I don’t think John knows the route to UBC very well. No matter how you slice it getting from Granville to SW Marine at 41st is a nightmare. The long segment of 41st between West Boulevard and Marine is effectively single lane as is Marine Drive from Granville to the merge point. Morning and afternoon both more closely resemble parking lots than arterial roads. Even travelling in the reverse direction, away from UBC in the morning and back in the evening, can be a test of patience thanks to a seemingly endless parade of dump trucks and other heavy vehicles that take a long time to get up to speed.

    A bus connecting Langara to UBC wouldn’t be an efficient use of resources. Demand east of Cambie exceeds demand west of Cambie.

    Although the #49 now uses many articulated diesels to cope with UBC demand, the route still isn’t able to cope with the number of passengers heading east from Langara Canada Line station in the evening. TransLink has responded by bringing empty articulated buses down Cambie and turning them east on 49th.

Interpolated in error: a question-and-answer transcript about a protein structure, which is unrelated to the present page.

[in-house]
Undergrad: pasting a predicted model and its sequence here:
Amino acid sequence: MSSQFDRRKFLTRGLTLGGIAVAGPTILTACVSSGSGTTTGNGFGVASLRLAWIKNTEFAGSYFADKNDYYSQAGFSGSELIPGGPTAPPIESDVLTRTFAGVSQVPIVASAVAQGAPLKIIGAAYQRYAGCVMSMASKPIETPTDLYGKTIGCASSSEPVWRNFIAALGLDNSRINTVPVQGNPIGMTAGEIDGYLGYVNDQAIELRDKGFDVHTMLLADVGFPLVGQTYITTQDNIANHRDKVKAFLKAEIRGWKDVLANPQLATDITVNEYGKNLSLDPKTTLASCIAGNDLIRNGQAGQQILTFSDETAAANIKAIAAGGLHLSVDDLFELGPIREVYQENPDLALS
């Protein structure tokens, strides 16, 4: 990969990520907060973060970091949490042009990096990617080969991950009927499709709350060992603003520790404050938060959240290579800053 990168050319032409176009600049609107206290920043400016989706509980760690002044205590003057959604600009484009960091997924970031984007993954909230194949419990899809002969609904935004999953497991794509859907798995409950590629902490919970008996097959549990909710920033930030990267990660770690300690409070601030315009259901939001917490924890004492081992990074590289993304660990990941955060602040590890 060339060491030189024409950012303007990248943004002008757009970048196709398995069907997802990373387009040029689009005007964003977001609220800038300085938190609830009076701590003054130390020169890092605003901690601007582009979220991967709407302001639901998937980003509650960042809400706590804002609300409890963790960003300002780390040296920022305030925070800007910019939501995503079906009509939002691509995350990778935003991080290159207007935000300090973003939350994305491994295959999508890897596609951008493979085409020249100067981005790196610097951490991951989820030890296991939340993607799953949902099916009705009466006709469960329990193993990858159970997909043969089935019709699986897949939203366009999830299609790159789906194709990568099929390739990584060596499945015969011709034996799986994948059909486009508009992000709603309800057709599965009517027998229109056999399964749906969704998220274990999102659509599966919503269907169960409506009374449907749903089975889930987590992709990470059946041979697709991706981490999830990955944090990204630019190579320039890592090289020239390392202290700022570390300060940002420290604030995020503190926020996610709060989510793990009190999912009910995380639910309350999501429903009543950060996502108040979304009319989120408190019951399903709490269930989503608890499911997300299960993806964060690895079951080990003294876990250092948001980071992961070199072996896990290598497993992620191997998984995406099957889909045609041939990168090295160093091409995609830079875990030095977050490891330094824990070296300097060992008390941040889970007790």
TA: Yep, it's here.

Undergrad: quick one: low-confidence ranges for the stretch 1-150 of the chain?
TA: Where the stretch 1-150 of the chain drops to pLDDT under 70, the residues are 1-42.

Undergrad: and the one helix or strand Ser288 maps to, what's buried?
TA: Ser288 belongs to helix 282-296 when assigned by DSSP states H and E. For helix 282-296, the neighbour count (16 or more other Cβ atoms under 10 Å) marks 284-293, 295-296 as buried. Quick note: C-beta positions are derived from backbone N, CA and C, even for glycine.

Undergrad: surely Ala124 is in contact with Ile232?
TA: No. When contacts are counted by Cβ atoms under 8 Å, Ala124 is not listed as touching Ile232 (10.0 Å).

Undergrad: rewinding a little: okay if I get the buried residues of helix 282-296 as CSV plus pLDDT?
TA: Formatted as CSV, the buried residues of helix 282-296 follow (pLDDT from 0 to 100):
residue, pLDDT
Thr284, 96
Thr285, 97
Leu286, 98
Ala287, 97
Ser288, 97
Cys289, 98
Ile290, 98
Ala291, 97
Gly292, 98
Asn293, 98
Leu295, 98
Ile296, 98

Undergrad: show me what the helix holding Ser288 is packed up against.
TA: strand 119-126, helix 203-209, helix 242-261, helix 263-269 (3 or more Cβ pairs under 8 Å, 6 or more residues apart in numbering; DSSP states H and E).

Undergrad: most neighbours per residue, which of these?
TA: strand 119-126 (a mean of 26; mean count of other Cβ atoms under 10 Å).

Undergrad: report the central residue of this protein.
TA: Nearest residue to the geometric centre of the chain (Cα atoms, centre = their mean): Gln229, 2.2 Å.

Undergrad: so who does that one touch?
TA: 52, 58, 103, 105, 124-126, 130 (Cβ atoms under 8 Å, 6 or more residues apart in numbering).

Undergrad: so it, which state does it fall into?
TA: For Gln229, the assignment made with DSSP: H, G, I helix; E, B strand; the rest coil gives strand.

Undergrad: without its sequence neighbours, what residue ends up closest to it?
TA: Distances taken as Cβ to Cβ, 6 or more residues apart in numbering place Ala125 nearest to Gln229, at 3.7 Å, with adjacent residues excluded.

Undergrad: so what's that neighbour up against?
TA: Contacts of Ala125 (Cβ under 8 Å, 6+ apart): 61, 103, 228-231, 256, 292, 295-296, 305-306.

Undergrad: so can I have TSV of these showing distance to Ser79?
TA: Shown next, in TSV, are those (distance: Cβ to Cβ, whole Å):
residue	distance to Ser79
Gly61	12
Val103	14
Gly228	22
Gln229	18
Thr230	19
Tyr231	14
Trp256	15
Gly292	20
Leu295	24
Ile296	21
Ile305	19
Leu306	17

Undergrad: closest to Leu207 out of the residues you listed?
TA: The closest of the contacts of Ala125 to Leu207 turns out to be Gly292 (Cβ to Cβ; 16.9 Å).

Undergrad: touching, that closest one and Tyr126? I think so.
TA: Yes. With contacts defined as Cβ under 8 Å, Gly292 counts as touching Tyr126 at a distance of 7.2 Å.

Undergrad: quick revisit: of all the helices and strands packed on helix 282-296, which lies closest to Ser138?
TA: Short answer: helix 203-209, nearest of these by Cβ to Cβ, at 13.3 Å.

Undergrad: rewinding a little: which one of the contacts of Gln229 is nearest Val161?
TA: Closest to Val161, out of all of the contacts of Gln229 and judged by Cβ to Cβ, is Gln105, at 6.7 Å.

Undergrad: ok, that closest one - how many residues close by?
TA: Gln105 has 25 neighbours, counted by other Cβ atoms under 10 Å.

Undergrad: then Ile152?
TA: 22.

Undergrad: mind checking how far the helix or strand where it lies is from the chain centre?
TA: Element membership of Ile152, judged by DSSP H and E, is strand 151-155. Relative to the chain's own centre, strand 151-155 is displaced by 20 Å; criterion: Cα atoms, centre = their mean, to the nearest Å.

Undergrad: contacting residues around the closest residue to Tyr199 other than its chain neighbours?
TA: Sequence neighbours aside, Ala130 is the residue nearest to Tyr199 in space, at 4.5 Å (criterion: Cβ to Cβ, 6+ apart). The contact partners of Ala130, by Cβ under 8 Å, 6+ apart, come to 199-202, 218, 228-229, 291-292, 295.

A new route between Langara and Metrotown along east 54th and 57th would help serve that excess demand and bring new passengers onto the system. Such a route could also eliminate the Champlain detour that the #49 currently makes. The big problem is 57th between Argyle and Main. That street simply isn’t built to handle buses.

    David

    January 16, 2012 at 1:28 pm


Leave a Reply

Fill in your details below or click an icon to log in:

WordPress.com Logo

You are commenting using your WordPress.com account. Log Out / Change )

Twitter picture

You are commenting using your Twitter account. Log Out / Change )

Facebook photo

You are commenting using your Facebook account. Log Out / Change )

Google+ photo

You are commenting using your Google+ account. Log Out / Change )

Connecting to %s

%d bloggers like this: